78538429_3251957274849089_3659867814765789184_o
A handsome stand of Arbutus near Nanaimo’s Linley Valley
67132287_3006578432720309_1955553705709273088_o
Typical terrain of an Arbutus stand, on Maple Mountain near Duncan

The future survival of the tree is challenged on some fronts, as changes to its available habitat have been mounting for some time now, and its numbers are in decline. Chief among these threats is development, as the lands it grows upon is often prized real estate. In places like West Vancouver and Victoria, for example, great stands of these trees have been razed to build subdivisions. In more recent times, there has been an increasing call to protect Arbutus trees, as they are not only very aesthetic but now also  in short supply.

17545429_1944815522229944_5491868228441423661_o
Forests like this one in the Nelson Creek area were once common in West Vancouver, but much of the land they once occupied has fallen to development
65820097_2973720852672734_5258265728200474624_o
This tree on a lot in Nanaimo isn’t likely to survive much longer. Just this summer a house was being built here.

 

Interruption of natural fire cycles has also been an impediment to Arbutus propagation. It has always depended on fires to open up space for its growth, as it grows more quickly than its competitors in its native forests. The Arbutus itself is also very fire resistant, which gives it yet another advantage over other trees. In today’s world, fires are not going to be allowed to burn near coastal and residential areas, especially in such close proximity to civilization.

57289497_2845535208824633_3787598922378117120_o
Arbutus and Douglas firs at Moorecroft Park in Nanoose Bay
78944090_3261116170599866_1568574403560603648_o
Biggs Park, near Cedar

 

There is also a blight that has begun to afflict the Arbutus more frequently. It’s a normally occurring fungus called Neofusicoccum Arbuti, and it can cause limbs to die and blister or simply make the tree vulnerable to extreme heat. If you pay close attention, you can see evidence of its presence on many healthy trees, but then there are the trees that don’t survive it. It’s uncertain as to whether or not this problem will expand, but it has unquestionably been contributing to the general decline of the Arbutus population.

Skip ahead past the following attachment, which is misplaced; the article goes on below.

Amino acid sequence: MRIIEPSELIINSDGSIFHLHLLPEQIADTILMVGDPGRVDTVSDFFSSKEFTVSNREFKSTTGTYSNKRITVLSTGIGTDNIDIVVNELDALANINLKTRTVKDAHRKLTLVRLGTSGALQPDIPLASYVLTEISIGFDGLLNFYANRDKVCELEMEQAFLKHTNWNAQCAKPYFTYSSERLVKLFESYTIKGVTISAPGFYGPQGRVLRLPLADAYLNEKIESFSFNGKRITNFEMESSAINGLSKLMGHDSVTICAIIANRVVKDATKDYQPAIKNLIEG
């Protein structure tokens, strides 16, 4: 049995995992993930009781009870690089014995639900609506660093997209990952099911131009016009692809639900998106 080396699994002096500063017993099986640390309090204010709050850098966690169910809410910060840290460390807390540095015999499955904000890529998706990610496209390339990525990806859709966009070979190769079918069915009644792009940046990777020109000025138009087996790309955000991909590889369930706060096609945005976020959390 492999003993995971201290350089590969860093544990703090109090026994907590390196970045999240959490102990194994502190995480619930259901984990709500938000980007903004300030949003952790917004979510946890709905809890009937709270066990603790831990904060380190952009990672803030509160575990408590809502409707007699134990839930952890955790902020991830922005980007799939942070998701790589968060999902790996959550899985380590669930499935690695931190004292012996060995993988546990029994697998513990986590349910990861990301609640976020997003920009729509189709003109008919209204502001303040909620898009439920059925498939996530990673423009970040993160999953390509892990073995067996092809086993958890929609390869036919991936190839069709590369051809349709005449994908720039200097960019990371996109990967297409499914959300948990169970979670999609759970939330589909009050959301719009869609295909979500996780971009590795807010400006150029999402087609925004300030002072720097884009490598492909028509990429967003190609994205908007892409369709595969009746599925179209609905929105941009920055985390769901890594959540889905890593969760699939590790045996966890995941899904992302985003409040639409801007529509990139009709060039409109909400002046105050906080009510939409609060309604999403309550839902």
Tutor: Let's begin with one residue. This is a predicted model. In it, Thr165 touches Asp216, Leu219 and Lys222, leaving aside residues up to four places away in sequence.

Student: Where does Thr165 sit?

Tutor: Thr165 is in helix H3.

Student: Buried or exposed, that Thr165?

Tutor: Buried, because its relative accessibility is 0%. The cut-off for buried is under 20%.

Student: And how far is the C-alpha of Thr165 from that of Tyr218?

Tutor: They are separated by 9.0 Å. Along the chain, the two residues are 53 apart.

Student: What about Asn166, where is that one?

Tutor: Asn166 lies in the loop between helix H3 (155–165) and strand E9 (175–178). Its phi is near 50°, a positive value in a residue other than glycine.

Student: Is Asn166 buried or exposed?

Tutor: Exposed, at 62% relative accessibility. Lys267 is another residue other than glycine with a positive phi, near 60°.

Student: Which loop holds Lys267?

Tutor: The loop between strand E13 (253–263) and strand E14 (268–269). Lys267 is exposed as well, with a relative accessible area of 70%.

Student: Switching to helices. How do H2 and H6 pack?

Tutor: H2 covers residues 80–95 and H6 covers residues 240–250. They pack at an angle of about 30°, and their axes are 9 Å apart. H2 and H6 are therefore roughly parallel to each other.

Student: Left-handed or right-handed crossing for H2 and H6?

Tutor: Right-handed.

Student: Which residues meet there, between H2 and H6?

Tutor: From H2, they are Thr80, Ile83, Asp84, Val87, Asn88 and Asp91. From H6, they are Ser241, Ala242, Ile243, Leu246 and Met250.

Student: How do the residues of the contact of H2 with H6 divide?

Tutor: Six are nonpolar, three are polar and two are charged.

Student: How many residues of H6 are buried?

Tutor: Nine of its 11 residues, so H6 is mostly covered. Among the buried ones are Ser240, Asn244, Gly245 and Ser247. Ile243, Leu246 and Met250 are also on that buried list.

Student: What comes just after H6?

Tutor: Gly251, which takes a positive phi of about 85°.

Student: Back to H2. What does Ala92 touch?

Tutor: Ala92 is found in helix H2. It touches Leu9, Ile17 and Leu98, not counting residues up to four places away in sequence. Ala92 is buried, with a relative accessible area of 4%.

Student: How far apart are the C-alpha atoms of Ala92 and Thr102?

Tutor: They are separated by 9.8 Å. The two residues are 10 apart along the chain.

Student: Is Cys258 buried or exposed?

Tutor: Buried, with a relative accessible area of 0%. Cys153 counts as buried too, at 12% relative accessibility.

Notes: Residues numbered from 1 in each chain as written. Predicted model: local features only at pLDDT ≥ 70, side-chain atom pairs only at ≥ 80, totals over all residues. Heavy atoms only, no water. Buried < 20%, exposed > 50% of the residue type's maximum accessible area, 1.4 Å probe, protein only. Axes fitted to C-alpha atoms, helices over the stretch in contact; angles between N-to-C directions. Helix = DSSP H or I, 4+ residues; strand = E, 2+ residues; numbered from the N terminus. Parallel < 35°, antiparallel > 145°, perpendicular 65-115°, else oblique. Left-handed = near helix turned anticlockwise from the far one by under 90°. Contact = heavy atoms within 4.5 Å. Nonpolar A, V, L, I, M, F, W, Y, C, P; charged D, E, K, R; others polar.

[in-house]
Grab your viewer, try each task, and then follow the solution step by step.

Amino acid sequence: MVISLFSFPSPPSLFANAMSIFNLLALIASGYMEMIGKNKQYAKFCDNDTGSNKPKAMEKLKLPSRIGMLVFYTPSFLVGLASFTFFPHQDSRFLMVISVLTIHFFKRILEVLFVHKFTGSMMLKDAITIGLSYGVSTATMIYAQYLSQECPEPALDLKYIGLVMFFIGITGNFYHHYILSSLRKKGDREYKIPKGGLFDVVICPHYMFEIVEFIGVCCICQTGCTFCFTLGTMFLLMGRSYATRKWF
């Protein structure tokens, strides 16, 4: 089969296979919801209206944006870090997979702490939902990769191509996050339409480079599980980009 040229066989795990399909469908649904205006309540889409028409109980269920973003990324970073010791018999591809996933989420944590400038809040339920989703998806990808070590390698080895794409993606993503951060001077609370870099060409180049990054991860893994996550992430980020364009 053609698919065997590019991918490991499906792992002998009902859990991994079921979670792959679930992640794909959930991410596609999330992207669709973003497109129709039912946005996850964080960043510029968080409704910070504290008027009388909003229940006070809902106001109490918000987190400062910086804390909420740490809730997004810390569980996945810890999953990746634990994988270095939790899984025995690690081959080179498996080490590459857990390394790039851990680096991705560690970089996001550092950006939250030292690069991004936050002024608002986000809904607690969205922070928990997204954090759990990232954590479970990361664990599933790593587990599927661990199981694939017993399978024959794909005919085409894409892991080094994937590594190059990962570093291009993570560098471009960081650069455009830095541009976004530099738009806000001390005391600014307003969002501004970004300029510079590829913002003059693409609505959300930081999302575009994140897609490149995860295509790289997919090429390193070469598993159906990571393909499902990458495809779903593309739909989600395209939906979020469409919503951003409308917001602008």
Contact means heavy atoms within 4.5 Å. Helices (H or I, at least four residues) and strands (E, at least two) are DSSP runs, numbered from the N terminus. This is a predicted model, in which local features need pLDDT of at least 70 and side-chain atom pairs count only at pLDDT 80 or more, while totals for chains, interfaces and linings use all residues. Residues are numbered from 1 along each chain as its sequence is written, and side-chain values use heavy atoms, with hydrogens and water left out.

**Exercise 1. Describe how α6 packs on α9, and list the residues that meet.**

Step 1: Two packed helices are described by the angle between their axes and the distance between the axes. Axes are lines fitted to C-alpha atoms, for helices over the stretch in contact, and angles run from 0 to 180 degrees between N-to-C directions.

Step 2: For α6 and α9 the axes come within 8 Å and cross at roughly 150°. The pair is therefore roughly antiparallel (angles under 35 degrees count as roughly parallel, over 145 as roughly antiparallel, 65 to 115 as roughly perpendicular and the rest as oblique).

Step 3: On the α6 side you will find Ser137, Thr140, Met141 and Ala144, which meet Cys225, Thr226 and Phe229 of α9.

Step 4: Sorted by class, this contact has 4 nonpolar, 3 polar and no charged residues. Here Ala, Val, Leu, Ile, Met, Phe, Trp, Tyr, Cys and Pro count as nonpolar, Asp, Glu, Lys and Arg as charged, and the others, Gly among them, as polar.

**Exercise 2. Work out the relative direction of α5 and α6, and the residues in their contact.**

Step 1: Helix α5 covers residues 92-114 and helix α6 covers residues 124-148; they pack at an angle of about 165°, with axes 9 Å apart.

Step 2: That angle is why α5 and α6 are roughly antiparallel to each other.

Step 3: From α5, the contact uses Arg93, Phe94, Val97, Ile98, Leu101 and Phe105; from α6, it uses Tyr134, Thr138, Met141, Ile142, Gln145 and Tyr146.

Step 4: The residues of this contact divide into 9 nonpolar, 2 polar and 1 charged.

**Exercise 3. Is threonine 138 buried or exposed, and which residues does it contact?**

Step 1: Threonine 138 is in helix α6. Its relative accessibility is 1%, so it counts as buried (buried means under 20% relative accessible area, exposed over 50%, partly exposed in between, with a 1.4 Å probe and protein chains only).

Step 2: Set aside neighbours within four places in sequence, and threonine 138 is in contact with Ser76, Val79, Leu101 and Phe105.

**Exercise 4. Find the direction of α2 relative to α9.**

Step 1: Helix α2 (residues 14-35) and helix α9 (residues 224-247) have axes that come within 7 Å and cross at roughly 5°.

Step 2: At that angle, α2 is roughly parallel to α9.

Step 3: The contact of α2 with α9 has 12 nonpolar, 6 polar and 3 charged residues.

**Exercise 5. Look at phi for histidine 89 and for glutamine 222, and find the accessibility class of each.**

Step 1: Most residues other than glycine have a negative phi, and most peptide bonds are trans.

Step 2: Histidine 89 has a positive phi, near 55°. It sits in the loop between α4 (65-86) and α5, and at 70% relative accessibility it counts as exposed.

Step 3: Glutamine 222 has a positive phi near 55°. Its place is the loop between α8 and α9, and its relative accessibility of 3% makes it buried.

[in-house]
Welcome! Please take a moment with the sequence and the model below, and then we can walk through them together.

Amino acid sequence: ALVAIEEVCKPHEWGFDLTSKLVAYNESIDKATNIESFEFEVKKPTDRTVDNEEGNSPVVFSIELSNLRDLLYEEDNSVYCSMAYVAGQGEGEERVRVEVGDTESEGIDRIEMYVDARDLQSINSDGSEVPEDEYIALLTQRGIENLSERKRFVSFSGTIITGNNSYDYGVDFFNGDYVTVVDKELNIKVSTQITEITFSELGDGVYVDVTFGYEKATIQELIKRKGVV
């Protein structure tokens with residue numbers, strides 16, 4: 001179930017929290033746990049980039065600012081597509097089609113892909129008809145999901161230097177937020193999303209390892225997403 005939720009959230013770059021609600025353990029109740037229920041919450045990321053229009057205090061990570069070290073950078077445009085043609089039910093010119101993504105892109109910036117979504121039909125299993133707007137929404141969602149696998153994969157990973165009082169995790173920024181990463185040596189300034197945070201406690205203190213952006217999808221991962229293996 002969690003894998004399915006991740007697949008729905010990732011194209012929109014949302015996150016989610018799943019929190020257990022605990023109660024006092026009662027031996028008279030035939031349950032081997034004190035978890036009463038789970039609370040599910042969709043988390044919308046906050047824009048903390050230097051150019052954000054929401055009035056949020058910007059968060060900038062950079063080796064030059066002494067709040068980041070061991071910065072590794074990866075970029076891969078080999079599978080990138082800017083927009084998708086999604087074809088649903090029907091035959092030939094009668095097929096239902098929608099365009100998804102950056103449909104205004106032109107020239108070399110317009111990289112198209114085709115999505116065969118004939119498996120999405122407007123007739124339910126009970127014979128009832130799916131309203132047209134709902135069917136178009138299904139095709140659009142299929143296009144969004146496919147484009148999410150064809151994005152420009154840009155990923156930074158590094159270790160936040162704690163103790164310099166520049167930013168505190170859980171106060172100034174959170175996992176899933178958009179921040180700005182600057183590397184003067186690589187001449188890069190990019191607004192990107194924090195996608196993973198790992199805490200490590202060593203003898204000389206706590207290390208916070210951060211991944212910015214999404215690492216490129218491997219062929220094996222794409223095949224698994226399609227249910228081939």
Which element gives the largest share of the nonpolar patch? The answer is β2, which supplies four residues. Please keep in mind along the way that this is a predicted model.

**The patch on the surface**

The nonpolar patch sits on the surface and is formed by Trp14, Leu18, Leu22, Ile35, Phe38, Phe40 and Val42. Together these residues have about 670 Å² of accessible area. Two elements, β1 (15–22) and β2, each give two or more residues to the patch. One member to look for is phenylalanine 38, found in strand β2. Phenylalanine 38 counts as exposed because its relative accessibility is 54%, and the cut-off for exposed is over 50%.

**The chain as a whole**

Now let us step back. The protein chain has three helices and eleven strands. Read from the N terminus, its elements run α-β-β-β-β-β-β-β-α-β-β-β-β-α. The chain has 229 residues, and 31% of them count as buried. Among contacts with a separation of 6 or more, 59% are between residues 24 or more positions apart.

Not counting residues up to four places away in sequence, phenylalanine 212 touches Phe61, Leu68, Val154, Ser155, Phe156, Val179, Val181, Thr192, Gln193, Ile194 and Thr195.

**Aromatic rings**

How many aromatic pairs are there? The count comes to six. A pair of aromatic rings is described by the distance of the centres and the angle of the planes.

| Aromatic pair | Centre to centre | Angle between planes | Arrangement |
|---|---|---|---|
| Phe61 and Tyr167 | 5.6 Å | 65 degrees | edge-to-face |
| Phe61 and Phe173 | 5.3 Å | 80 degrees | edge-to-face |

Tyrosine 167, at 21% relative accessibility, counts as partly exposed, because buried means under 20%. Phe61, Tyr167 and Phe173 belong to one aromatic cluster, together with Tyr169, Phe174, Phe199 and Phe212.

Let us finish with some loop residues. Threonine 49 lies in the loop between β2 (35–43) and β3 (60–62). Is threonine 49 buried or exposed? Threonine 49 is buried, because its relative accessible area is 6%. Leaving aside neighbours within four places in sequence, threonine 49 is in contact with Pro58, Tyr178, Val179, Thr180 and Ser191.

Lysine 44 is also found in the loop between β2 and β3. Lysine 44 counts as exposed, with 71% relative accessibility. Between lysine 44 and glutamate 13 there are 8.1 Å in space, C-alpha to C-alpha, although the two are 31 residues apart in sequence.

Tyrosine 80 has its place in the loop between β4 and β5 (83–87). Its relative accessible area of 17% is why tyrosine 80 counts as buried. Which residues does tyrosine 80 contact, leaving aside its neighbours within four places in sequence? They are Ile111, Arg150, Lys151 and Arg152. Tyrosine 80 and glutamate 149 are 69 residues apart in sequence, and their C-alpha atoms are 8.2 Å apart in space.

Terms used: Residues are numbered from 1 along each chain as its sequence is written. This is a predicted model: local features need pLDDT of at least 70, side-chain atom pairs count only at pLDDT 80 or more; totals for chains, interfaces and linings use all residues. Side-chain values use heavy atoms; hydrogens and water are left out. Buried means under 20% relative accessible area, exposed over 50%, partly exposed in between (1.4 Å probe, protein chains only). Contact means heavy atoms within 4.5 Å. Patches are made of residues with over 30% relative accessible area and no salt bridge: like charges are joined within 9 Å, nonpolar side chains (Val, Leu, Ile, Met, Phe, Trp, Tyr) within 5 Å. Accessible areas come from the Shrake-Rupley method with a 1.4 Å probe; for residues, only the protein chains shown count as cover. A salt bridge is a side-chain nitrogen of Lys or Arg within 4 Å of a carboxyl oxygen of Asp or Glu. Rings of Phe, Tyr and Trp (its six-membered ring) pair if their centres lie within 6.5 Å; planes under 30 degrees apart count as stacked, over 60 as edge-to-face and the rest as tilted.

79126692_3285768151468001_1410638027906088960_o
Massive Arbutus trunk in Joan Point Park, near Cedar
56213740_2817703164941171_3277061945223544832_o
Mt Tzouhalem, near Duncan

Since I’ve moved to Vancouver Island, I’ve taken a strong liking to the Arbutus, which is present in much higher numbers here, and on the neighbouring Gulf Islands. It seems to be a tree that many people appreciate, in fact. When talk turns to preservation, however, not too many are aware of where the grandest specimens are.

 

55906356_2817705641607590_3736466073998852096_o
My daughter and the biggest Arbutus I’ve seen so far, at Nanoose Bay’s Beachcomber Park

In my travels, I’ve already made of acquaintance of more than a few, and I’m always on the lookout for more. There’s even B.C.’s record tree, which calls nearby Nanoose Bay its home, and that’s just a twenty minute drive from where I live. I’ll need to get permission from a local woodlot owner just to see it, and that’s a tale that I hope to be telling you someday. The hunt for the next champion Arbutus continues!

50437937_2716676371710518_1307505245969973248_o
Will you be the one to find the next champion tree? Keep your eyes open, you never know!

 

 

 

 

 

 

 

 

Leave a Reply

Fill in your details below or click an icon to log in:

WordPress.com Logo

You are commenting using your WordPress.com account. Log Out /  Change )

Google photo

You are commenting using your Google account. Log Out /  Change )

Twitter picture

You are commenting using your Twitter account. Log Out /  Change )

Facebook photo

You are commenting using your Facebook account. Log Out /  Change )

Connecting to %s